A word on translation theory

I tend to lean toward Dynamic Equivalence. However, I also think a reader is wise to read a Formal Equivalence translation, too. I really like our church’s use of NLT because it seems to speak to so many of our people who didn’t even enjoy the NIV too much. I think they do well to read the NLT and then the NIV, ESV or NASB to see if there are any differences. This discussion about translation theory is from someone who is far more knowledgable than I and I would not question anything he says (at least in this blog). I like it when most in my study group has the same translation, because it is easier to follow, but when they don’t it is interesting to have them compare how verses are translated.


I’ve been reading Dave Brunn’s stimulating book One Bible, Many Versions—a work discussing the translation philosophy of various English Bible versions. This is a fine book in many ways. It engages an old controversy with an irenic tone. But if the book does anything, it shows that there is some confusion among evangelicals about what Formal Equivalence (FE) translators are aiming to do in their work. Brunn’s book shows that alltranslations—including FE translations like the NASB and the ESV—resort to Dynamic Equivalence (DE). His point is that not even FE translations practice their theory consistently, and he illustrates this fact with voluminous examples.

I question, however, whether Brunn has always accurately described the aims of Formal Equivalence translation. At times he’s very nuanced in his description. At other times, he seems to be implying that FE translators believe “increased literalness” always leads to “increased faithfulness and accuracy” (e.g., 49, 50). Yet I don’t know a single formal equivalence translator who would say that’s always the case. Everyone would agree that it’s not. He also seems to say that FE translators are inconsistent because they don’t take FE to its “logical end” (43)—that is, that formalways trumps meaning. But that’s not the logical end of FE. Nor do FE translators claim that it is.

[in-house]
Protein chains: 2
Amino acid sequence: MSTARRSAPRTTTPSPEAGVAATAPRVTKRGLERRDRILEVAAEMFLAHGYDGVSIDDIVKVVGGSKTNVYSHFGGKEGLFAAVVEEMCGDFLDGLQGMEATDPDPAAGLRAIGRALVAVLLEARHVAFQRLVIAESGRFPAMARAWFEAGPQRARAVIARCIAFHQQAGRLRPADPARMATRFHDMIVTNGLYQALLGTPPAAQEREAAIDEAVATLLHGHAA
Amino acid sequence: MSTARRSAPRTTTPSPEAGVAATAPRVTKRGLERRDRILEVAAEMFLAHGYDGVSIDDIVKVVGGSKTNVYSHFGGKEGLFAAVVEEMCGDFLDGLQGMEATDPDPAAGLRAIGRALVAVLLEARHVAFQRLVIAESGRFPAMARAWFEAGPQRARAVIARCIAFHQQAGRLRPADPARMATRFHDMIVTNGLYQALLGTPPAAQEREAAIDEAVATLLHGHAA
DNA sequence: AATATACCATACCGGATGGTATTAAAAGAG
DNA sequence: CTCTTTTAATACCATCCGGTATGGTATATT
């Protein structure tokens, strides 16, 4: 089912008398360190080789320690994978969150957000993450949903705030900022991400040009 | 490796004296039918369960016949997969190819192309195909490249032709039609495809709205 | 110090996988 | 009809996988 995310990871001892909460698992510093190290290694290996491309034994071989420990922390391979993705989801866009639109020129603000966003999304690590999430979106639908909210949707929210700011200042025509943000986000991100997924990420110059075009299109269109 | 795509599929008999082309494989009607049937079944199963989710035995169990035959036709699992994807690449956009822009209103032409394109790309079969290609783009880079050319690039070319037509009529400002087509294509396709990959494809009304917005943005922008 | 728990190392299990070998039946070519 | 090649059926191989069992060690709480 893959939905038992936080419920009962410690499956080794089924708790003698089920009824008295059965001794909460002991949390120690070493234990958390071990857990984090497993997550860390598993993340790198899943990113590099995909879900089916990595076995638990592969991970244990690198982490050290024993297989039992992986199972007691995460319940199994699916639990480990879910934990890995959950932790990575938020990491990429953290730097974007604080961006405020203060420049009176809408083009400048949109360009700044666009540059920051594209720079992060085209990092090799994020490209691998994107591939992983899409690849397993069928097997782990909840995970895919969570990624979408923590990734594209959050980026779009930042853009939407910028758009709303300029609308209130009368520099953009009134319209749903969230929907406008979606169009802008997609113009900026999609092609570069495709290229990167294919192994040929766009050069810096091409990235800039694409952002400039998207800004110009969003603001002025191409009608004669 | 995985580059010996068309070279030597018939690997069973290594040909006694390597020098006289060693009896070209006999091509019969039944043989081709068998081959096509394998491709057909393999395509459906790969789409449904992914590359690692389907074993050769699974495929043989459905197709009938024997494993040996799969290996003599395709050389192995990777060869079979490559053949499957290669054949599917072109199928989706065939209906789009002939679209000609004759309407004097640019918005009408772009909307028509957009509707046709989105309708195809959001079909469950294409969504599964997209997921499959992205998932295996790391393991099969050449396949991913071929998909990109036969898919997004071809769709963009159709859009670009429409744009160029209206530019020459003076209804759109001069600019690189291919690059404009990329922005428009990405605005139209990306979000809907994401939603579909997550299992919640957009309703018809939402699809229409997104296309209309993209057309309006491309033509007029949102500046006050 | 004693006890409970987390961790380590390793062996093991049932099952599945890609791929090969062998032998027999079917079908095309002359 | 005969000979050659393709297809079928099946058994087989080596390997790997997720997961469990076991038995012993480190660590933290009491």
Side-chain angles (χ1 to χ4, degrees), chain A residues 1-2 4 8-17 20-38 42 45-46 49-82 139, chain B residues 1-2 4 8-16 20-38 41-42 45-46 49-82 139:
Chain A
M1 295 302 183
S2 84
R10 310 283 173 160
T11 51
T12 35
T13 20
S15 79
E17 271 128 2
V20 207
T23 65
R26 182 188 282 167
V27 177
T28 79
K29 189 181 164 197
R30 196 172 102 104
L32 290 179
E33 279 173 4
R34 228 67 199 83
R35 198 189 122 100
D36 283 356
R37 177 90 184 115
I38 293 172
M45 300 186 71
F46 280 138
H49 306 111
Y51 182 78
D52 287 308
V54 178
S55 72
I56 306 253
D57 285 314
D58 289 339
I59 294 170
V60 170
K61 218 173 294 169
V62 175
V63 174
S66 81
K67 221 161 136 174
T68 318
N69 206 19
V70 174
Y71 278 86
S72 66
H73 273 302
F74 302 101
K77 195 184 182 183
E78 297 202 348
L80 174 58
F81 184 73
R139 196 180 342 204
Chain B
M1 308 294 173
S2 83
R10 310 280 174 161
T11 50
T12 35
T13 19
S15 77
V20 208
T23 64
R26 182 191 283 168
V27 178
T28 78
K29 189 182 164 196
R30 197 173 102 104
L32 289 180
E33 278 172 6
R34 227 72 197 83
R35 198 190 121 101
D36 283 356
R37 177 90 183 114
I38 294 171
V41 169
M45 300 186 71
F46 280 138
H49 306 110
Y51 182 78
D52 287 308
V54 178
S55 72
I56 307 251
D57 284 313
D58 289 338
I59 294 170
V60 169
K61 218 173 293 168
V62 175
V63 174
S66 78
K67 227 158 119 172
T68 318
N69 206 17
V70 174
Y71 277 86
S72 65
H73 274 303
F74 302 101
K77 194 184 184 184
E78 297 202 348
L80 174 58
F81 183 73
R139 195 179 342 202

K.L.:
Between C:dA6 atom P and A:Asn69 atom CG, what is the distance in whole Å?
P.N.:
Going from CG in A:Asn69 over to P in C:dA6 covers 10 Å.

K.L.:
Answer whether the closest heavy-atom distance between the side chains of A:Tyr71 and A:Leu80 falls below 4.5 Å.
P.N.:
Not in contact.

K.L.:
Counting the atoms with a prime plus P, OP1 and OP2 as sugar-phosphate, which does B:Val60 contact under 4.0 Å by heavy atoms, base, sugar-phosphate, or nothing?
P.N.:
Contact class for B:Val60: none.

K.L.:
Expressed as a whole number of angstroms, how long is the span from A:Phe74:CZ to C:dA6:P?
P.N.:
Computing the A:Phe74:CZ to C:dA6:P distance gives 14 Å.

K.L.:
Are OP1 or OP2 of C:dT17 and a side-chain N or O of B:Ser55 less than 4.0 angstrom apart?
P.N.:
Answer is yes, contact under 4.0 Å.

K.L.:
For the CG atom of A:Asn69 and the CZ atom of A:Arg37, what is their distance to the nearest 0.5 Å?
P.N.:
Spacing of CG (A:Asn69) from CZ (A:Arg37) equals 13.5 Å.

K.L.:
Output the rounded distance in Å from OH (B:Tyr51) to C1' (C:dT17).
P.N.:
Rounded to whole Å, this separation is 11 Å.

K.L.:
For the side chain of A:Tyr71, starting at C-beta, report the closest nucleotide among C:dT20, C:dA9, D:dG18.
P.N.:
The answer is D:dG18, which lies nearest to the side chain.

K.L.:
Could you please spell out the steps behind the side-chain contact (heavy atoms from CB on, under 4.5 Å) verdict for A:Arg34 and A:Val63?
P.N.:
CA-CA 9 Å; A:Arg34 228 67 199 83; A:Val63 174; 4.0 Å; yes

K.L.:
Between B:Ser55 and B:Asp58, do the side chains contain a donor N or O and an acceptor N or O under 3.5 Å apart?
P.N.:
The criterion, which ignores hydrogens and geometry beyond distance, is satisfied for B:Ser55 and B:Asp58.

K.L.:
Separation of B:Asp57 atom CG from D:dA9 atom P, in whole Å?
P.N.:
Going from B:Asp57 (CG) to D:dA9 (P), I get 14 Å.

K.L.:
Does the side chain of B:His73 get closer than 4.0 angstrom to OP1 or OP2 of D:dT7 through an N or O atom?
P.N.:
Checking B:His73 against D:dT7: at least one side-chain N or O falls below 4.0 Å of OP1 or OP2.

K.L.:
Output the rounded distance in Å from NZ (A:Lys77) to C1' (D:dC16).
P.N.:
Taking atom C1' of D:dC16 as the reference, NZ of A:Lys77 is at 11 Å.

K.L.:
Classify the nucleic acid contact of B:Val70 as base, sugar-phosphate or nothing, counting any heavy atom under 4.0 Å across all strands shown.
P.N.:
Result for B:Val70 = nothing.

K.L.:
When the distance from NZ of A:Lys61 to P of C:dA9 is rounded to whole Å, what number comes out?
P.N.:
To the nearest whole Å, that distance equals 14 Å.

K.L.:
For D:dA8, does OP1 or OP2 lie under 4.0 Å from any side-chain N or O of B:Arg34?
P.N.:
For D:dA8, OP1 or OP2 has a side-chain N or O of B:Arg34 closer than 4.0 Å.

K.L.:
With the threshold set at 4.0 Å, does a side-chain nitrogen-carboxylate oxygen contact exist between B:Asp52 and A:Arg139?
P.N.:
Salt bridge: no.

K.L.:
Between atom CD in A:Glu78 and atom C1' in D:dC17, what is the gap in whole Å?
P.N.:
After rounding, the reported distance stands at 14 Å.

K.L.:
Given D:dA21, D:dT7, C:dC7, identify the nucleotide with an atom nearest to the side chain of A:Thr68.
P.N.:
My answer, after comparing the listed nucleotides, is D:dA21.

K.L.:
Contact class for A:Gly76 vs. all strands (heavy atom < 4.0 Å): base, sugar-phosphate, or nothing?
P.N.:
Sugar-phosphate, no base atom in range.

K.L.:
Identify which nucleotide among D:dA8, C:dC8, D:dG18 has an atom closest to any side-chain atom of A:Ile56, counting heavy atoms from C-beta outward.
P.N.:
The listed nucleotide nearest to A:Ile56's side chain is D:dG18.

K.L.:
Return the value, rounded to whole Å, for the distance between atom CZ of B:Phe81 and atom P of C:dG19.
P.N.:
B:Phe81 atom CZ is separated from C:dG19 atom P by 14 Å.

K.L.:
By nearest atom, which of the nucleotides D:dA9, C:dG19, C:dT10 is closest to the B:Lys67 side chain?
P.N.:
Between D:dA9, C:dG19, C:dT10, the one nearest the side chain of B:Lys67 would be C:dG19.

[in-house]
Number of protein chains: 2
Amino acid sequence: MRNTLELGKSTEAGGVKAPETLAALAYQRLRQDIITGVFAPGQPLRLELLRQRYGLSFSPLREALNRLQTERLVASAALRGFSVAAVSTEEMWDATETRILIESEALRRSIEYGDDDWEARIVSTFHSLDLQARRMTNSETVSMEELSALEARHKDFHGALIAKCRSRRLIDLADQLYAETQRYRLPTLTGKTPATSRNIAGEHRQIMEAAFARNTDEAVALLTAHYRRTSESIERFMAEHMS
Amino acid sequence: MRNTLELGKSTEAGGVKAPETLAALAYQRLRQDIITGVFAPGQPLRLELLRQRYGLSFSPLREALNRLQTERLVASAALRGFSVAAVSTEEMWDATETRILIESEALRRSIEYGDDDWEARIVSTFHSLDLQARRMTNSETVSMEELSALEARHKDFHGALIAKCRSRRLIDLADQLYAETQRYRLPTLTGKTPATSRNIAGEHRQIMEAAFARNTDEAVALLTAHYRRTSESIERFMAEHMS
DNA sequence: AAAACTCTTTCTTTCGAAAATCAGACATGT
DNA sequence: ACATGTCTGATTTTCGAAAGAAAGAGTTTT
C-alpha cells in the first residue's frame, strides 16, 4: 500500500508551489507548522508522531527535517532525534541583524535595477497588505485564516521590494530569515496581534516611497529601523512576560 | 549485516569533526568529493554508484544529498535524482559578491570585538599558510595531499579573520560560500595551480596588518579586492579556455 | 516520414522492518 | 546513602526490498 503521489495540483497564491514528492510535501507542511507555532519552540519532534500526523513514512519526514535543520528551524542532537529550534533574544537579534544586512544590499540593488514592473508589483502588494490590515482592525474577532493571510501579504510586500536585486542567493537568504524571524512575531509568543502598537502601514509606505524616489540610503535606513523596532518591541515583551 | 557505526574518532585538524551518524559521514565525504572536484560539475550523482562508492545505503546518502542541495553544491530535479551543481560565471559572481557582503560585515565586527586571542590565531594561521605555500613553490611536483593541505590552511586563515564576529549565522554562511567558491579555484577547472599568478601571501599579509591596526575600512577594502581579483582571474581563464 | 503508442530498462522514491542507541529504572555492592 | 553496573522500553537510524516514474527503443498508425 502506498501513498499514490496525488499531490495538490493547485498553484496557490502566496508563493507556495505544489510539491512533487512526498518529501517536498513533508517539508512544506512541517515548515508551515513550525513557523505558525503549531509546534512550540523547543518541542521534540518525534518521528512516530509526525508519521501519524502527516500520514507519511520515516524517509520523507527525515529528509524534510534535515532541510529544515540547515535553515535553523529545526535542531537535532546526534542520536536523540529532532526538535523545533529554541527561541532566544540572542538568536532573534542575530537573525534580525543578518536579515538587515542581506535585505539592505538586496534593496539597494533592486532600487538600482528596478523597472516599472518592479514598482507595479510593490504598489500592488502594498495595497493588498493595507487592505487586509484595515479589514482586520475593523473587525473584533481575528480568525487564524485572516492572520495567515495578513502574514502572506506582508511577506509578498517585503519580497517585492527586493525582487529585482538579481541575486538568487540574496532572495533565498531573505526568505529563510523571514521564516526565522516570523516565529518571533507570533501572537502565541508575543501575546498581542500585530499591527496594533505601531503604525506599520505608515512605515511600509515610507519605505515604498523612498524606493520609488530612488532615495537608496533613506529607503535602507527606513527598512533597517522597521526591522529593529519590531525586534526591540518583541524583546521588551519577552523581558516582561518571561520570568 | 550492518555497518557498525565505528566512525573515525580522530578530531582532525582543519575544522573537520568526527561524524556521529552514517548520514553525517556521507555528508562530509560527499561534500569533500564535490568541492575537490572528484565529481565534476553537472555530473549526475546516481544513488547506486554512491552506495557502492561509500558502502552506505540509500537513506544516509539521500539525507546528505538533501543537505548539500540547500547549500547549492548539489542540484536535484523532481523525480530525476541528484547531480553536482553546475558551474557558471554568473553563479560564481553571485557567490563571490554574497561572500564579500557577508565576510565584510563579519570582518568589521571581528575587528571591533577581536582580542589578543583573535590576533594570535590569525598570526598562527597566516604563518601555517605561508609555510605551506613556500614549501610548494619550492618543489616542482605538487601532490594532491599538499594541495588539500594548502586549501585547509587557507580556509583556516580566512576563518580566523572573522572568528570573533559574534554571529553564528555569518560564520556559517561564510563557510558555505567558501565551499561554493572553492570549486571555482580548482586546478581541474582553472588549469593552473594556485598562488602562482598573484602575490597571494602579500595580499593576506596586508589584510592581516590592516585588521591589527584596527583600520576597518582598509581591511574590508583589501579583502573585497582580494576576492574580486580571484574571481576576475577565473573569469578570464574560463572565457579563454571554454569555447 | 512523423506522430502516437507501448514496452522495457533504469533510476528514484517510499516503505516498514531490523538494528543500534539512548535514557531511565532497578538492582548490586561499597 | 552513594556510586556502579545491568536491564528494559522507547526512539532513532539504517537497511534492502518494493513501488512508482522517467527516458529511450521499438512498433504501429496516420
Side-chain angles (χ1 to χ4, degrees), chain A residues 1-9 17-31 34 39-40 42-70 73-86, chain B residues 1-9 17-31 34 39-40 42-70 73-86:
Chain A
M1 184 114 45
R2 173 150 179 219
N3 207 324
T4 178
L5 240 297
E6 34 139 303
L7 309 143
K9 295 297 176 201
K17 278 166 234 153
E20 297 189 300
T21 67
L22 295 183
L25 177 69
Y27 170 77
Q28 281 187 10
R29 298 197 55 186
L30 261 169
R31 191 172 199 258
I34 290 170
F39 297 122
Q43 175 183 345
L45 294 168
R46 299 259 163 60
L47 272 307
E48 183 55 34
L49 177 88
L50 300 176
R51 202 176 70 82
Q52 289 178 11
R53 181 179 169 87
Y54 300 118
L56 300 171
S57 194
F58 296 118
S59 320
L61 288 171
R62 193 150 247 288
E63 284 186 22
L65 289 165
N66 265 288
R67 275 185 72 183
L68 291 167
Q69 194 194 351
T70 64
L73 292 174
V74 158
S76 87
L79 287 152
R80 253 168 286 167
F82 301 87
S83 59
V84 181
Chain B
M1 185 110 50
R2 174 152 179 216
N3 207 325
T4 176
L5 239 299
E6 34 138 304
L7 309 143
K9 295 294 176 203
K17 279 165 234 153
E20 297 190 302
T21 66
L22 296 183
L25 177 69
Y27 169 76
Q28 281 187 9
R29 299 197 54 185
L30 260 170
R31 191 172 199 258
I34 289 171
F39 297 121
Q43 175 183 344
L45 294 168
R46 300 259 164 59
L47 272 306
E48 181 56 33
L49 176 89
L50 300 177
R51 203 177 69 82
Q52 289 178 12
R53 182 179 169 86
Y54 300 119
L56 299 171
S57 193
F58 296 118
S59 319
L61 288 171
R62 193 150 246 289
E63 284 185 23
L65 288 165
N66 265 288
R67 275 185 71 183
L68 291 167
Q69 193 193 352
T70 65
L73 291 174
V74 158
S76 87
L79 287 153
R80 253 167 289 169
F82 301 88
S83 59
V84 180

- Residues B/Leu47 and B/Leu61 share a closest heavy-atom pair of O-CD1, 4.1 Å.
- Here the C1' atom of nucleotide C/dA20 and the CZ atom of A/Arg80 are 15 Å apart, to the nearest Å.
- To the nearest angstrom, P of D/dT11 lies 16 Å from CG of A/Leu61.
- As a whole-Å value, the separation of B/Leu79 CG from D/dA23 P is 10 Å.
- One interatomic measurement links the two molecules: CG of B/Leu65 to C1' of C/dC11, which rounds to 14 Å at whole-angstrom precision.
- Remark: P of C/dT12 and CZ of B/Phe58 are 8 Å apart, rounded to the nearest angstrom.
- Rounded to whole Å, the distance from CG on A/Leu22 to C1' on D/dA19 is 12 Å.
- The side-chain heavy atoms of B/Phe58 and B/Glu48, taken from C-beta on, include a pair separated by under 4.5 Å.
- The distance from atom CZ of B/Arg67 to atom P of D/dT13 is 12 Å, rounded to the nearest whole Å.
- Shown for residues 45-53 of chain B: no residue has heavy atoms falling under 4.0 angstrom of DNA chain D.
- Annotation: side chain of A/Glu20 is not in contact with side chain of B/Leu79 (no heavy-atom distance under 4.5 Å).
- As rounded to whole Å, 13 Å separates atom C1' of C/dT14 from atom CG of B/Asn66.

Readers might be tempted to think that Brunn has uncovered a discrediting inconsistency with Formal Equivalence translation — that Formal Equivalence translations claim to be “word for word” but that they don’t really carry it out consistently in practice (191). But here’s the rub. No Formal Equivalence translator worth his salt would ever make such a claim. To wit, both the ESV and the NASB prefaces say that word for word translation is preferable when doing so makes good sense in English. When it doesn’t, a less literal rendering is preferred.

ESV preface: “Every translation is at many points a trade-off between literal precision and readability, between ‘formal equivalence’ in expression and ‘functional equivalence’ in communication, and the ESV is no exception. Within this framework we have sought to be ‘as literal as possible’ while maintaining clarity of expression and literary excellence. Therefore, to the extent that English permits and the meaning in each case allows, we have sought to use the same English word for important recurring words in the original…”